Back out into Las Vegas we went with Electronic Art’s beer on my shoulder… It was a good CES.
A few months ago, the Intel Edison launched with the promise of putting a complete x86 system on a board the size of an SD card. This inevitably led to comparisons of other, ARM-based single board computers and the fact that the Edison doesn’t have a video output, Ethernet, or GPIO pins on a 0.100″ grid. Ethernet and easy breakout is another matter entirely but [Lutz] did manage to give the Edison a proper display, allowing him to run Doom at about the same speed as a 486 did back in the day.
The hardware used for the build is an Edison, an Arduino breakout board, Adafruit display, speaker, and PS4 controller. By far the hardest part of this build was writing a display driver for the Edison. The starting point for this was Adafruit’s guide for the display, but the pin mapping of the Edison proved troublesome. Ideally, the display should be sent 16 bits at a time, but only eight bits are exposed on the breakout board. Not that it mattered; the Edison doesn’t have 16 pins in a single 32-bit memory register anyway. The solution of writing eight bits at a time to the display means Doom runs at about 15 frames per second. Not great, but more than enough to be playable.
For sound, [Lutz] used PWM running at 100kHz. It works, and with a tiny speaker it’s good enough. Control is through Bluetooth with a PS4 controller, and the setup worked as it should. The end result is more of a proof of concept, but it’s fairly easy to see how the Edison can be used as a complete system with video, sound, and wireless networking. It’s not great, but if you want high performance, you probably won’t be picking a board the size of an SD card.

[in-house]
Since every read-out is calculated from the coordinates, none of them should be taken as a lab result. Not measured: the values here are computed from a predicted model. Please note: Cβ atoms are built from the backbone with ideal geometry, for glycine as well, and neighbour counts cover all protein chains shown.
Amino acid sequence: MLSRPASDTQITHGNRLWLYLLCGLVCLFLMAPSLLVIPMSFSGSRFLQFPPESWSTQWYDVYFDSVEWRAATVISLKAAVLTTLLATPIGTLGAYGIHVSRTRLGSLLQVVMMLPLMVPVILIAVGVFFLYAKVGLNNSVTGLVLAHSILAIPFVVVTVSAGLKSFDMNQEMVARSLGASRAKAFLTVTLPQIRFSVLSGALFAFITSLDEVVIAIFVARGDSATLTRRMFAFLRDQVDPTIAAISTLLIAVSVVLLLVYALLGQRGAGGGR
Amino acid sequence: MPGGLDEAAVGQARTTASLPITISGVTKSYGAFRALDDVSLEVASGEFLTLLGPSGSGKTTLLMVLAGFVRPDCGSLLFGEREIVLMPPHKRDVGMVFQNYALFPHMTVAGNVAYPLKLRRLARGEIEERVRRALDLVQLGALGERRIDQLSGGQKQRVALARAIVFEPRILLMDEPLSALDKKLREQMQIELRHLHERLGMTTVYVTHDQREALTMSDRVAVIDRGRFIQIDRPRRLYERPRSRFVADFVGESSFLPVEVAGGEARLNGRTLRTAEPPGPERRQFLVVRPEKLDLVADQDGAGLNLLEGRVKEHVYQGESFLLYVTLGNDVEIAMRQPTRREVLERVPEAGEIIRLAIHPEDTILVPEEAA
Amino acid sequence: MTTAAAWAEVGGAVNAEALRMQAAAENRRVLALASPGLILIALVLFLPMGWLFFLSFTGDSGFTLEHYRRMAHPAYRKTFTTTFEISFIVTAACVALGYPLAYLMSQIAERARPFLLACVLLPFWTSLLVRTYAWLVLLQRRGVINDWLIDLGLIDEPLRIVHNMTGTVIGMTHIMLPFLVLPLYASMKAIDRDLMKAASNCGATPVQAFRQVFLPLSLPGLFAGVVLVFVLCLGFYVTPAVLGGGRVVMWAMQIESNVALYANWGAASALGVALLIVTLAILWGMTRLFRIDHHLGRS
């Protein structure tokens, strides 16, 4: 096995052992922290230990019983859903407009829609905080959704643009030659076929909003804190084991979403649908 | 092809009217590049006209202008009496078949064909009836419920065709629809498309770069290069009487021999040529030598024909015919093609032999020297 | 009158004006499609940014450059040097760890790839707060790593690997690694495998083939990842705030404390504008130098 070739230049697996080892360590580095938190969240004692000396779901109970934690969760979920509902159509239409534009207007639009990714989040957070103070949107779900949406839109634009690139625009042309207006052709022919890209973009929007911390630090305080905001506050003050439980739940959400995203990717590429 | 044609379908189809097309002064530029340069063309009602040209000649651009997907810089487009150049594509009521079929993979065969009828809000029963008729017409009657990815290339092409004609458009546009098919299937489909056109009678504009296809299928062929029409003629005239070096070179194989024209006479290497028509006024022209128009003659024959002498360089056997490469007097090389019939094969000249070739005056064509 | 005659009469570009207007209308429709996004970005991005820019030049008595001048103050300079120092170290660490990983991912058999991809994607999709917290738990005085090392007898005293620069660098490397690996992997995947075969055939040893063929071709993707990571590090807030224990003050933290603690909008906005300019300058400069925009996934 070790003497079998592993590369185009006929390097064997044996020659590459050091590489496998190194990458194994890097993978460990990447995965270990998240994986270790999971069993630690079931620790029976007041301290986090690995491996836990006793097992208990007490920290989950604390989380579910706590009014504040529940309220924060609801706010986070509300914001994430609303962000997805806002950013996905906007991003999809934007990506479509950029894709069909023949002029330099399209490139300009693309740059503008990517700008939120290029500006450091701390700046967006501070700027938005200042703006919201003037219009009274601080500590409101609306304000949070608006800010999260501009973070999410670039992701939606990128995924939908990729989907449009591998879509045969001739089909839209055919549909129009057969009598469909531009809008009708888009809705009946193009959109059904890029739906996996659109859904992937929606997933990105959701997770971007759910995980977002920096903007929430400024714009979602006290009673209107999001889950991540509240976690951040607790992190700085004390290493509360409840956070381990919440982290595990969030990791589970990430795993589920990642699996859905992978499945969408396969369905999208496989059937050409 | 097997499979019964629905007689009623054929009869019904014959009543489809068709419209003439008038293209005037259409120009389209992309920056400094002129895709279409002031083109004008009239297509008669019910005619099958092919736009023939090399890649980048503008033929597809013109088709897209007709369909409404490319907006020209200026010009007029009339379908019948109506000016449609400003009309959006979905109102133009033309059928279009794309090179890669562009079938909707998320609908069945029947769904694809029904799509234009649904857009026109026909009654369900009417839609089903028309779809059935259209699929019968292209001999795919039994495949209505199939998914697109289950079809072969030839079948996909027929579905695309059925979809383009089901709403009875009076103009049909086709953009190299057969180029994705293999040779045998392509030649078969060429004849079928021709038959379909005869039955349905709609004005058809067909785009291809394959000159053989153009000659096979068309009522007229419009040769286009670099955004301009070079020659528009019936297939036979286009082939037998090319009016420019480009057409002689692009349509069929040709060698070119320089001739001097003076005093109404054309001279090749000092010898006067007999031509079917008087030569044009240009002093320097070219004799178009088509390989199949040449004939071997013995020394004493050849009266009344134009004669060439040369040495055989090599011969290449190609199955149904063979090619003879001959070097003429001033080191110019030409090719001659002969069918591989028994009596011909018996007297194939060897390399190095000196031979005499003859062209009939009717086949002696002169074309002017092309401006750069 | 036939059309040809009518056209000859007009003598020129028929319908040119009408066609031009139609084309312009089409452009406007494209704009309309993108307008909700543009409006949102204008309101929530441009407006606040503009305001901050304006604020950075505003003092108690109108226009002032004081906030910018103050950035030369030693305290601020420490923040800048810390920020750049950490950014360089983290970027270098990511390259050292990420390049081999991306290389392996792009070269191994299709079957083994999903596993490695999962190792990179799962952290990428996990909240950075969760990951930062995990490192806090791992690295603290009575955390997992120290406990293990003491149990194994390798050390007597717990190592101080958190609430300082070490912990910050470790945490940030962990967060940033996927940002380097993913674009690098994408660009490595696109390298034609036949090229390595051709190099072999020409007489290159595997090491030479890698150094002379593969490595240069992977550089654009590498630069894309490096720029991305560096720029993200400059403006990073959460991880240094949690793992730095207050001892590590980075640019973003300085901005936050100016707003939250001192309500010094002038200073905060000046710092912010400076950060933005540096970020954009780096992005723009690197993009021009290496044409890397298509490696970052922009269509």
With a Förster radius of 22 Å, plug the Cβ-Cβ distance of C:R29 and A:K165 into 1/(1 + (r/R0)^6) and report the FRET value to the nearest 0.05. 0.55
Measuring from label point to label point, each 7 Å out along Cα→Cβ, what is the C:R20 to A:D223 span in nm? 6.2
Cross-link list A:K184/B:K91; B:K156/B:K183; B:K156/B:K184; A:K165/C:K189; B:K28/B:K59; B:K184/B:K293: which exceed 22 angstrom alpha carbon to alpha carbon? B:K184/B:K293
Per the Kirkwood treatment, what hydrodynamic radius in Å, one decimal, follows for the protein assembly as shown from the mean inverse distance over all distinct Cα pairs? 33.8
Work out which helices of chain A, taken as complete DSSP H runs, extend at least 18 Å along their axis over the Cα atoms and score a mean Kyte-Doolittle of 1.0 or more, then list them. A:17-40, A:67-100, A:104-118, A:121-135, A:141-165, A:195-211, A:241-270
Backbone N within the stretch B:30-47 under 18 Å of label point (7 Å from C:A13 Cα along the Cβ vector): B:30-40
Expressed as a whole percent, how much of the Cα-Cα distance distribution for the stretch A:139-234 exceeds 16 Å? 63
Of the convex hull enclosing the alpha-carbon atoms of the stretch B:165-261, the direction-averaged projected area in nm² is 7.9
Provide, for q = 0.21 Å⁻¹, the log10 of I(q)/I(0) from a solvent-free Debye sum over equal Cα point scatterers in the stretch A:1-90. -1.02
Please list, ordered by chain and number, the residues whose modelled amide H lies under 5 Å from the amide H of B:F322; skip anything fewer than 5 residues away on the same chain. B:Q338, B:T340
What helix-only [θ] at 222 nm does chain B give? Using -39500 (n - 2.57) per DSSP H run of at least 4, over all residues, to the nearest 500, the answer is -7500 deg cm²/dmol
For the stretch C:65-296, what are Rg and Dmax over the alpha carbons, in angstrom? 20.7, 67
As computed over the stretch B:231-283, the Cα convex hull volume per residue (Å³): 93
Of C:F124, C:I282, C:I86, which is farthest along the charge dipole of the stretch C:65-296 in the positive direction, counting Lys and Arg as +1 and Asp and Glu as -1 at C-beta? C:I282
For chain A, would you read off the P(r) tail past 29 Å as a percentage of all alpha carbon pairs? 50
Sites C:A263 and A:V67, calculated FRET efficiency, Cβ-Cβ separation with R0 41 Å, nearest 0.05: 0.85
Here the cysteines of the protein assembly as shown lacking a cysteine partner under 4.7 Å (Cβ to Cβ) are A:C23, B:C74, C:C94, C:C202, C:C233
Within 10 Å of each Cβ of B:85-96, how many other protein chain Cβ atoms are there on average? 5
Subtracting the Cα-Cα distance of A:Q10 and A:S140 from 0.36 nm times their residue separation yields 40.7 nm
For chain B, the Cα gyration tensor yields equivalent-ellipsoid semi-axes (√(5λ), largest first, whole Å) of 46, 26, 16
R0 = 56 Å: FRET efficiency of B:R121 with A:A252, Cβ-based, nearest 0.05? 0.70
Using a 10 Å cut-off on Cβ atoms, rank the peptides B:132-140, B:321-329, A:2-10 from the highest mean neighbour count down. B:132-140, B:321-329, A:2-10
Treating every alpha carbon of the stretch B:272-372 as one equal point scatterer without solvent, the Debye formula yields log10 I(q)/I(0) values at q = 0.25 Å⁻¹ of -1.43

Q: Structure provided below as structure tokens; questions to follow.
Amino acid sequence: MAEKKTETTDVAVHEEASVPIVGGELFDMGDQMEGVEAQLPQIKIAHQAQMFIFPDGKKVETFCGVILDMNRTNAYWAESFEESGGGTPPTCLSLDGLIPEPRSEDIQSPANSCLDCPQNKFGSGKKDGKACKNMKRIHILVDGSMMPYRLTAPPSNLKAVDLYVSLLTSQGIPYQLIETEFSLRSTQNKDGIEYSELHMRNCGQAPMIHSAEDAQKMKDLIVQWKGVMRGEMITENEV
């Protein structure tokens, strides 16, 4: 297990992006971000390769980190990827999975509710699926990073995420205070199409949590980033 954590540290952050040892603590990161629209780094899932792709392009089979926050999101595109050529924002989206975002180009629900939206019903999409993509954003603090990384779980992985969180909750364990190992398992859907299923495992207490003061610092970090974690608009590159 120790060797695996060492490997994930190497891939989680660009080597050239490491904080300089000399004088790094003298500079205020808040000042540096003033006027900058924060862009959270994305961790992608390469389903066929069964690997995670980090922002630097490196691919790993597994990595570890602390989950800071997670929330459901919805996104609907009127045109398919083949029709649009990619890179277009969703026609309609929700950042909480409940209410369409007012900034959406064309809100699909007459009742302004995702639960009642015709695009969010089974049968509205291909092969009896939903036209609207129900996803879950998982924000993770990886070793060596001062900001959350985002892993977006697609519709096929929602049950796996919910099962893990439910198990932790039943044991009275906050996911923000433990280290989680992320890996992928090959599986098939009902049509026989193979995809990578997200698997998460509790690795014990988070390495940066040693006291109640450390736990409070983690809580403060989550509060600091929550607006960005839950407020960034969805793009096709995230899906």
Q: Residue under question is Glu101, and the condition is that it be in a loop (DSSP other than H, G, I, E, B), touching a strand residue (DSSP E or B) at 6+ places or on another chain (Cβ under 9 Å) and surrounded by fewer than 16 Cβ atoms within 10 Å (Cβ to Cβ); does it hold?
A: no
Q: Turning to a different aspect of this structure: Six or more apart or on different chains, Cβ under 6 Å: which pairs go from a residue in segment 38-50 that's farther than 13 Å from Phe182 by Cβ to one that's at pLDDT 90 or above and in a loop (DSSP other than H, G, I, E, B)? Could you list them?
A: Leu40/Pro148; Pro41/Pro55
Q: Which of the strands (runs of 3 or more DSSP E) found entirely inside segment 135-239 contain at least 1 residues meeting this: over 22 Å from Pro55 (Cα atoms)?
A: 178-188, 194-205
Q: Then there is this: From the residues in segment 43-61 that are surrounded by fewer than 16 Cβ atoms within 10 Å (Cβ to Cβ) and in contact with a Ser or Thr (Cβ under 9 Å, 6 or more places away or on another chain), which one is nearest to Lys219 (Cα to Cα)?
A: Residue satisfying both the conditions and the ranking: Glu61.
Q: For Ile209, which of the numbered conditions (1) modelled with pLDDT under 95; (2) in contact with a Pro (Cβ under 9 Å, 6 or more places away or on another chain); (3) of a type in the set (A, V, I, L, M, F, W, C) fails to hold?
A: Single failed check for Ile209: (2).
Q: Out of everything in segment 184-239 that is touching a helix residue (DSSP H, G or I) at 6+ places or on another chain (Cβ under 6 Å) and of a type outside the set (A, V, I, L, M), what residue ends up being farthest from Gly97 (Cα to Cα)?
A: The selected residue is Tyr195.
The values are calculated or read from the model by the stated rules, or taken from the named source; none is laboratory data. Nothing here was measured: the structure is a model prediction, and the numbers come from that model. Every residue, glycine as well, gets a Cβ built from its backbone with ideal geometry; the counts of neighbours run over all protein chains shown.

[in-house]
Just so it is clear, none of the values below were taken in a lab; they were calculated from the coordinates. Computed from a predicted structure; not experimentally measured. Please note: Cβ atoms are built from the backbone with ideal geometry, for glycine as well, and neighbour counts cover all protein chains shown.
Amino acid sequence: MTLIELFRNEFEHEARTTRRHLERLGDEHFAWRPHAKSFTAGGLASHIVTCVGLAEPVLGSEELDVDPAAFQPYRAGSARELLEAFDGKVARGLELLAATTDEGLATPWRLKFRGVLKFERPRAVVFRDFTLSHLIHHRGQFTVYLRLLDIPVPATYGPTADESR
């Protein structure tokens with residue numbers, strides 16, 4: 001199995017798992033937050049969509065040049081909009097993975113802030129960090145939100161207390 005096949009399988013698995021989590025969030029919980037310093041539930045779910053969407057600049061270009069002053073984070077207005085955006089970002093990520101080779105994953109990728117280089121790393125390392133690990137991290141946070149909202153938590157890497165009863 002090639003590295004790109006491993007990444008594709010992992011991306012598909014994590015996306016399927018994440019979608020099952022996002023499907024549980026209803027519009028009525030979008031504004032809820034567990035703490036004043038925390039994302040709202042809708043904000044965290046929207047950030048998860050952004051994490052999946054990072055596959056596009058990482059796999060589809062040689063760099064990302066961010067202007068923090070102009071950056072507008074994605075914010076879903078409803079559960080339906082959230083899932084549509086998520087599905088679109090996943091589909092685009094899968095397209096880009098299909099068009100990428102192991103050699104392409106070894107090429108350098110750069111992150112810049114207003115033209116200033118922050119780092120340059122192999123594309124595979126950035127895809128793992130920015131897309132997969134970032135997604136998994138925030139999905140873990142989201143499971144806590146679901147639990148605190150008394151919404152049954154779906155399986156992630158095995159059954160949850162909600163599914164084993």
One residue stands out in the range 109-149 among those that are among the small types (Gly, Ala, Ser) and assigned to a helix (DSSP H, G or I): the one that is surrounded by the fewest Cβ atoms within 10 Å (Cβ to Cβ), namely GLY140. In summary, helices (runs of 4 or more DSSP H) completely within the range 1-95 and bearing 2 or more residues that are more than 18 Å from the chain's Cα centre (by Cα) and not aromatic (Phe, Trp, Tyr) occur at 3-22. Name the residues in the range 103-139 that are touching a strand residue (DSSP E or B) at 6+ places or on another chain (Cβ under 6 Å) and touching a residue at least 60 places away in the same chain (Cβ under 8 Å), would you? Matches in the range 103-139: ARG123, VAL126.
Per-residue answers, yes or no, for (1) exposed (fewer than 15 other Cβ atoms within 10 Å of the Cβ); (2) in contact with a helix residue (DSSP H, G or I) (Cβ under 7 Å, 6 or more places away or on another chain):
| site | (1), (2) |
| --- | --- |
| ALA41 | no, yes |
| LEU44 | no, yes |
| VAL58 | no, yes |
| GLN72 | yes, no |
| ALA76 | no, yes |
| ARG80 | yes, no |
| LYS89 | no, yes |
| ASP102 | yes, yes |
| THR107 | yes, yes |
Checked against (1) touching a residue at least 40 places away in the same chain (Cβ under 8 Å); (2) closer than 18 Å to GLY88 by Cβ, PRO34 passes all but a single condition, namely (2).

[Robert] has been snooping around Naenara in order to learn more about how North Korea’s intranet might work. Naenara is the web browser that comes bundled with North Korea’s official Linux-based operating system known as Red Star OS. [Robert] once saw a screenshot of the browser and found it interesting that the browser seemed to automatically load a non-routable IP address immediately upon start-up. This made him curious about what other oddities one might uncover from the software.
Upon start-up, the browser tries to load a page located at IP address 10.76.1.11, which is a reserved IP address for private use. This indicated that North Korea’s “Internet” is actually more of in intranet. [Robert] suspects that the entire country may be running in private address space, similar to how your home or business likely runs.
[Robert’s] next thoughts were that the browser looks like a very old version of Mozilla Firefox, but with some default configuration changes. For one, all crashes are automatically transmitted to “the mothership”, as [Robert] calls it. He suspects this is to fix not only bugs, but also to find and repair any security vulnerabilities that may allow users more control.
There are some other interesting changes as well, such as the supported security certificates. The Naenara browser only accepts certificates issued by the DPRK, which would make it very easy for them to snoop on encrypted HTTPS traffic. there is also evidence suggesting that all traffic for the entire country is routed through a single government controlled proxy server.
None of these findings are all that surprising, but it’s still interesting to see what kind of information can be gleamed from poking around the browser and operating system. [Robert] has found more than just these few findings. You can check out the rest of his findings on his blog.